Experienced Attorneys Who Will Fight For You

Examples of undue influence in estate planning

On Behalf of | Aug 24, 2022 | Estate Litigation

Estate planning is extremely important and it is certainly something that everyone should consider. The process allows you to ensure that your loved ones are looked after in the event that something happens to you.

While all legal adults can draft a will and implement other estate planning tools, this is often something that elderly individuals prioritize. Some elderly individuals can be vulnerable to manipulation. When this happens in estate planning, it is usually referred to as undue influence. Outlined below are a few practical examples of how undue influence works.

Making the person feel guilty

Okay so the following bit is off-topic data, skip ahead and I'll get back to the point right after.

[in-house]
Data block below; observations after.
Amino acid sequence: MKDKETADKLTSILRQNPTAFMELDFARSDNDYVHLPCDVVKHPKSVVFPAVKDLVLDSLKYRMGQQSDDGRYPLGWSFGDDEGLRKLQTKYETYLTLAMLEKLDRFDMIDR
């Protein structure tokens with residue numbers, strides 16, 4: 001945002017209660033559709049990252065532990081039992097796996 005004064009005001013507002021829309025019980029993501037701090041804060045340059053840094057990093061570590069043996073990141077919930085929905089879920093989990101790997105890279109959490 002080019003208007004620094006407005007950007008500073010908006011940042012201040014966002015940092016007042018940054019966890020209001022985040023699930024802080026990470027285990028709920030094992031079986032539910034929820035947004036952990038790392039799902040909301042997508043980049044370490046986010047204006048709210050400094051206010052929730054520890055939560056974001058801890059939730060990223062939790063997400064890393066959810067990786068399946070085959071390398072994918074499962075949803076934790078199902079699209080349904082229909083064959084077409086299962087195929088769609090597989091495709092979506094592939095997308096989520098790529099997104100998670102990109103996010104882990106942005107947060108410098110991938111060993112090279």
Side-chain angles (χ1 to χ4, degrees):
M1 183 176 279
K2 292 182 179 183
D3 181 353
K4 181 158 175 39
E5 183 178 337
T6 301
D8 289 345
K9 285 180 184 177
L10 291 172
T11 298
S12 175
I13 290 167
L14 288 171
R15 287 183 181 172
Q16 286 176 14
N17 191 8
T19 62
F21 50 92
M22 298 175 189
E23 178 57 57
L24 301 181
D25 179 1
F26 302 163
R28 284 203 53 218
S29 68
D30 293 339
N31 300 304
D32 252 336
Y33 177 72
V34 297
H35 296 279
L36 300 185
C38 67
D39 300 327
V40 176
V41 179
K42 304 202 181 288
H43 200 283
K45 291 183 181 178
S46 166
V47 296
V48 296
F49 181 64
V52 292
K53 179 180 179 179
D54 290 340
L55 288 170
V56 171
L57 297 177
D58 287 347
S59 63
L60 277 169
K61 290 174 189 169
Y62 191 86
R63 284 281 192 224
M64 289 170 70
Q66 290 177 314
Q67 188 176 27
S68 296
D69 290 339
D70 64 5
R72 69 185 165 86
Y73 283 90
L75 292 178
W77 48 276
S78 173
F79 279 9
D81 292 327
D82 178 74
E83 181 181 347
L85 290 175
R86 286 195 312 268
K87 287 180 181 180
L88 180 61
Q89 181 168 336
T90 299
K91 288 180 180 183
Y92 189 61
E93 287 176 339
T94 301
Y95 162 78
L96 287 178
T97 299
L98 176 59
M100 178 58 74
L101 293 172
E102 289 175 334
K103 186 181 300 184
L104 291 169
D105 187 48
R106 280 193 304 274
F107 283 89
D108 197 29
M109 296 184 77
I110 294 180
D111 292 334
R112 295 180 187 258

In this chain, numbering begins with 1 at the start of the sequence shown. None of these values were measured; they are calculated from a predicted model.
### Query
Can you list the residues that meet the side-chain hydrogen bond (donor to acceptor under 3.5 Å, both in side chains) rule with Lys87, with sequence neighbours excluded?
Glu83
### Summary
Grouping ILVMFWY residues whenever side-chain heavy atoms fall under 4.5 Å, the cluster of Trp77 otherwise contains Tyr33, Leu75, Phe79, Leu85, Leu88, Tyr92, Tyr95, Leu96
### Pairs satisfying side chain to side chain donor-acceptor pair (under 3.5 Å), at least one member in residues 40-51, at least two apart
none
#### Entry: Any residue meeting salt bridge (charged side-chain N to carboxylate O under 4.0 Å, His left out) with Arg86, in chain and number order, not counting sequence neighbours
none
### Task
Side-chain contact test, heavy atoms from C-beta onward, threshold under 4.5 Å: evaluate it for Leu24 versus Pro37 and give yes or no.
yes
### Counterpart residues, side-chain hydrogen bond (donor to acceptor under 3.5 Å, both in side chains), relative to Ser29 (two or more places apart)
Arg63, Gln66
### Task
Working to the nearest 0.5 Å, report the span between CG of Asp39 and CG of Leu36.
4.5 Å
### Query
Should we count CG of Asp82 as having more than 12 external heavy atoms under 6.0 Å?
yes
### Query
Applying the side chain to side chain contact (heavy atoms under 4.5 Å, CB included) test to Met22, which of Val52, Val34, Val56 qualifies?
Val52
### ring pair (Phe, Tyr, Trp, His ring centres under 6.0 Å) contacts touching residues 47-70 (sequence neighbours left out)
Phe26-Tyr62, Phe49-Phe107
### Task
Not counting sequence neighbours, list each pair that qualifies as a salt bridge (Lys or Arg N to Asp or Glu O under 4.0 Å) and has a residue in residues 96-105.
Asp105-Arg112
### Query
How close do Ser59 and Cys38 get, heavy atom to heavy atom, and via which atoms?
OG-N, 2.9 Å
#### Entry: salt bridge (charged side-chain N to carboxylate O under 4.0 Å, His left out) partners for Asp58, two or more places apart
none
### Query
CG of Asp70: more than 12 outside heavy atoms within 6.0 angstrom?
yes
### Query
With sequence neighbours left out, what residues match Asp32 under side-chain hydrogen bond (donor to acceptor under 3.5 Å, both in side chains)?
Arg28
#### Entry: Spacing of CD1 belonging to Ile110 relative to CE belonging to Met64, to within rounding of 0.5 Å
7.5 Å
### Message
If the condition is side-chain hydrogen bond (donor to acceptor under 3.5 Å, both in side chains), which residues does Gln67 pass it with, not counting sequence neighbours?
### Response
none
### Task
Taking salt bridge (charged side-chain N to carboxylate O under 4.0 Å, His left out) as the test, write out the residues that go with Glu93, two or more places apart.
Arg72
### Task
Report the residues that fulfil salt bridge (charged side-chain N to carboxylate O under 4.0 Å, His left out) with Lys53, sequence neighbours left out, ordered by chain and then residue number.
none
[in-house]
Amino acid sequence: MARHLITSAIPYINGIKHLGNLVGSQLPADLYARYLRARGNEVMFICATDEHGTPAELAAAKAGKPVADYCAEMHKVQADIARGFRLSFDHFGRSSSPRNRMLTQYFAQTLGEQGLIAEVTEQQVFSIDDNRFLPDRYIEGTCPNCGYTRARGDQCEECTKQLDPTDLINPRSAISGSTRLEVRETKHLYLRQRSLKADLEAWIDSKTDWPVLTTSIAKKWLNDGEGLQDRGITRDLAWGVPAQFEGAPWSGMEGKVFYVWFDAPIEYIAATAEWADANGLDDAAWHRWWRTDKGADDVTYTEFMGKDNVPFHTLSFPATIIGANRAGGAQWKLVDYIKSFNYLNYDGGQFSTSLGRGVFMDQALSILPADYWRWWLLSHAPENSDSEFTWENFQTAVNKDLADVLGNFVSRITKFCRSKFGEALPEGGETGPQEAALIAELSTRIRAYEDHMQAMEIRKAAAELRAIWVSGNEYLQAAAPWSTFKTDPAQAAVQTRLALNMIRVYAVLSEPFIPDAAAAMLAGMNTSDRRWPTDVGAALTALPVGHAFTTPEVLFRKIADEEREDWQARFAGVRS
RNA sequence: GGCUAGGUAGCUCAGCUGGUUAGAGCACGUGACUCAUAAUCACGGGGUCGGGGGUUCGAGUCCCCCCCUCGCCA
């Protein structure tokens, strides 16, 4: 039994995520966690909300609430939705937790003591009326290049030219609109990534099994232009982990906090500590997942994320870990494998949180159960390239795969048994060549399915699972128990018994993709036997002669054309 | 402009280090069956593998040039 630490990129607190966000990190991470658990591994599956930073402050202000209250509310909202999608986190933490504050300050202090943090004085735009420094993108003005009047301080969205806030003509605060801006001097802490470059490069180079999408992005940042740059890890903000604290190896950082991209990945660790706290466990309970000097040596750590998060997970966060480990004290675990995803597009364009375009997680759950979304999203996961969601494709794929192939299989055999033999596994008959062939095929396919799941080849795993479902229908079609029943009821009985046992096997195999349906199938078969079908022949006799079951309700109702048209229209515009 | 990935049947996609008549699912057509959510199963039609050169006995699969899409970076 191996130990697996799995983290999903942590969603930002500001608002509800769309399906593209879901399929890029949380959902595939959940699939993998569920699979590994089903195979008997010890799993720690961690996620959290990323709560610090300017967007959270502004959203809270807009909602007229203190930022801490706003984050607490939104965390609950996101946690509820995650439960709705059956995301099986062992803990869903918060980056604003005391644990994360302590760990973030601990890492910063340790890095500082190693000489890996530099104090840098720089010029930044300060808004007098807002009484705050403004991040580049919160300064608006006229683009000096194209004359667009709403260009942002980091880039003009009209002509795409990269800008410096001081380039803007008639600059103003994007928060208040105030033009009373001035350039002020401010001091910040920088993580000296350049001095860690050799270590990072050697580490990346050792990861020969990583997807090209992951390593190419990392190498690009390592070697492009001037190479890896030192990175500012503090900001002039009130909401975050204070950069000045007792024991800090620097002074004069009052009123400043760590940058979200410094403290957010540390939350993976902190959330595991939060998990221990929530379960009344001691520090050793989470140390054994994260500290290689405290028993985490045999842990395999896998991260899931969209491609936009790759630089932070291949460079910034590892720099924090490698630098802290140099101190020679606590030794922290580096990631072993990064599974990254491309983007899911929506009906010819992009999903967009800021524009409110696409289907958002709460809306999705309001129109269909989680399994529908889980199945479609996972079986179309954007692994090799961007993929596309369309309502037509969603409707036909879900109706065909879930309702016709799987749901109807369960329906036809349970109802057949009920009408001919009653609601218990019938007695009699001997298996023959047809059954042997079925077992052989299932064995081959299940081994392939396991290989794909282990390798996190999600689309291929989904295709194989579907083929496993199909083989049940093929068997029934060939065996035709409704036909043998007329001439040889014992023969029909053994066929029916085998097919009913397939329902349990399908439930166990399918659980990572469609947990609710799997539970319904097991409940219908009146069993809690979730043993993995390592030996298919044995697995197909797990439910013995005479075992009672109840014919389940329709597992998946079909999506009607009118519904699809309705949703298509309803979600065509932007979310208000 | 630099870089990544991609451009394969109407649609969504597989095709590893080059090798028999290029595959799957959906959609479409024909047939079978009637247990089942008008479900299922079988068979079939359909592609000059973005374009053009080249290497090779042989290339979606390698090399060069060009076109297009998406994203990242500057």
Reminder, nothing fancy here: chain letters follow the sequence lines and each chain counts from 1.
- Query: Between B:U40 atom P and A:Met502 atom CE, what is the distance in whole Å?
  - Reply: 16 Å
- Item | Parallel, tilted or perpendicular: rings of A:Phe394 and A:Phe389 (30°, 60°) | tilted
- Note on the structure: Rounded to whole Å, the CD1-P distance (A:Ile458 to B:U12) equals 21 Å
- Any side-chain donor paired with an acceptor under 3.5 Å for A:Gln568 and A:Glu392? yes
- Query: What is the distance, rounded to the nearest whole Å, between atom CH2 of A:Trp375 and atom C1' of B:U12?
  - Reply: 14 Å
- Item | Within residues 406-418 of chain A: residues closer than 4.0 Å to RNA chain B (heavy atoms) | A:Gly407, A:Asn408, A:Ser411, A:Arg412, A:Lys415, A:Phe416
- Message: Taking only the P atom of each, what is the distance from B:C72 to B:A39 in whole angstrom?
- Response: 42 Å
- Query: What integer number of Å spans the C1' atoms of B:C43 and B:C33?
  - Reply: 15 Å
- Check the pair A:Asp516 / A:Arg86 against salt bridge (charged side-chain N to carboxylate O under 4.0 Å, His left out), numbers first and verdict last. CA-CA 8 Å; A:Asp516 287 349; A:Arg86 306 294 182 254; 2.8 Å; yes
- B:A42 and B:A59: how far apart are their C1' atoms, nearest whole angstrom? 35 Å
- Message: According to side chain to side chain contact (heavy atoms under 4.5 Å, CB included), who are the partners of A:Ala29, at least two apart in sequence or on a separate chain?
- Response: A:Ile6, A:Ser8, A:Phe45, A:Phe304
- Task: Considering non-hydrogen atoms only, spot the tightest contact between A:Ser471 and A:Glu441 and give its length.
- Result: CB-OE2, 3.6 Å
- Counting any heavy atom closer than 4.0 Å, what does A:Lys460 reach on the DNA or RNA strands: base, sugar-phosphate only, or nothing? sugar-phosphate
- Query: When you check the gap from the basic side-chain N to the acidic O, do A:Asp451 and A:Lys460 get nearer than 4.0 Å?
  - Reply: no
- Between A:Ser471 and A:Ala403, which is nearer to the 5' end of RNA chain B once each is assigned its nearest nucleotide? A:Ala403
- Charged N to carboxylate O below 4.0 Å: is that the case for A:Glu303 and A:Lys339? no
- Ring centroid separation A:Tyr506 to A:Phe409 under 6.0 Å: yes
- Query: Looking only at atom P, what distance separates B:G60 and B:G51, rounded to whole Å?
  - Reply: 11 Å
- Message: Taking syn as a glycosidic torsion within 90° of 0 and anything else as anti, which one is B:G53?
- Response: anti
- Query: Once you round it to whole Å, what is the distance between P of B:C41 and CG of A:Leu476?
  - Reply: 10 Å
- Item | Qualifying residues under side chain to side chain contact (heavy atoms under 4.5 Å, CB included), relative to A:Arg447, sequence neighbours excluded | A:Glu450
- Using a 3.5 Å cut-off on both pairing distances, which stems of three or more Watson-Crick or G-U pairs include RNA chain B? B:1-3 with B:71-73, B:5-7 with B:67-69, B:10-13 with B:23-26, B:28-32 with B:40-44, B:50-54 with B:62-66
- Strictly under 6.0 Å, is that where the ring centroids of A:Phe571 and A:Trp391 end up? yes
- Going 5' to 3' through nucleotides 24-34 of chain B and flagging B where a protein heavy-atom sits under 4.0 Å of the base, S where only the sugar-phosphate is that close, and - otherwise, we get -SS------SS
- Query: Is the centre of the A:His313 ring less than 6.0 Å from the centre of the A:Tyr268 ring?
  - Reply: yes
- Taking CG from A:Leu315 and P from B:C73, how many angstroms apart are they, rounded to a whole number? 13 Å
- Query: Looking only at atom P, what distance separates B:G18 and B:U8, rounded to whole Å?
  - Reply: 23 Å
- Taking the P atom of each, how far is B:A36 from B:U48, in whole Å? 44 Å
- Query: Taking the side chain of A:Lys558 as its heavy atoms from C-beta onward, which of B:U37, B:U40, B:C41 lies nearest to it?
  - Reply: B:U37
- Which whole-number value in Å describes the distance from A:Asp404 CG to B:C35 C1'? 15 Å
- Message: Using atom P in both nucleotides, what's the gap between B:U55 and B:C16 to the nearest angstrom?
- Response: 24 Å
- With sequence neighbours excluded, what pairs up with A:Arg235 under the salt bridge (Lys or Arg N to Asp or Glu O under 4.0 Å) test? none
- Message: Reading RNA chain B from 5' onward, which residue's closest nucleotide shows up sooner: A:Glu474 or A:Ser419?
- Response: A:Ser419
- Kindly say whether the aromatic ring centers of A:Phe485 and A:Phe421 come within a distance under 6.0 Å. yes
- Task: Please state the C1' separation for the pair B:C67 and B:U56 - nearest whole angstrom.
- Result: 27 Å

The majority of friends, family members and other individuals who are close to the person will have their best interests at heart. Unfortunately, this is not always the case and different sides of people can become apparent when money is involved. One tactic that manipulators commonly use is to make the individual feel guilty. They might claim that they are not going to be able to survive much longer without any money. While this may be legitimate and the testator may have the intention of including them in the will, it could also be a form of undue influence. The testator’s will and other estate planning documents must reflect their true wishes, not the desires of someone else.

Spreading misinformation

Another common tactic employed to manipulate testators is to spread false rumors about other beneficiaries. For example, a person may claim that a family member doesn’t really care about the individual and that they are only interested in their money. If their ultimate aim is to receive a greater benefit for themselves, at the expense of other innocent parties, then this could be classified as undue influence.

If you suspect foul play with regards to estate planning, then there are a number of options open to you. Seeking legal guidance will give you a better idea of what to do.

Recent Posts



RSS Feed

FindLaw Network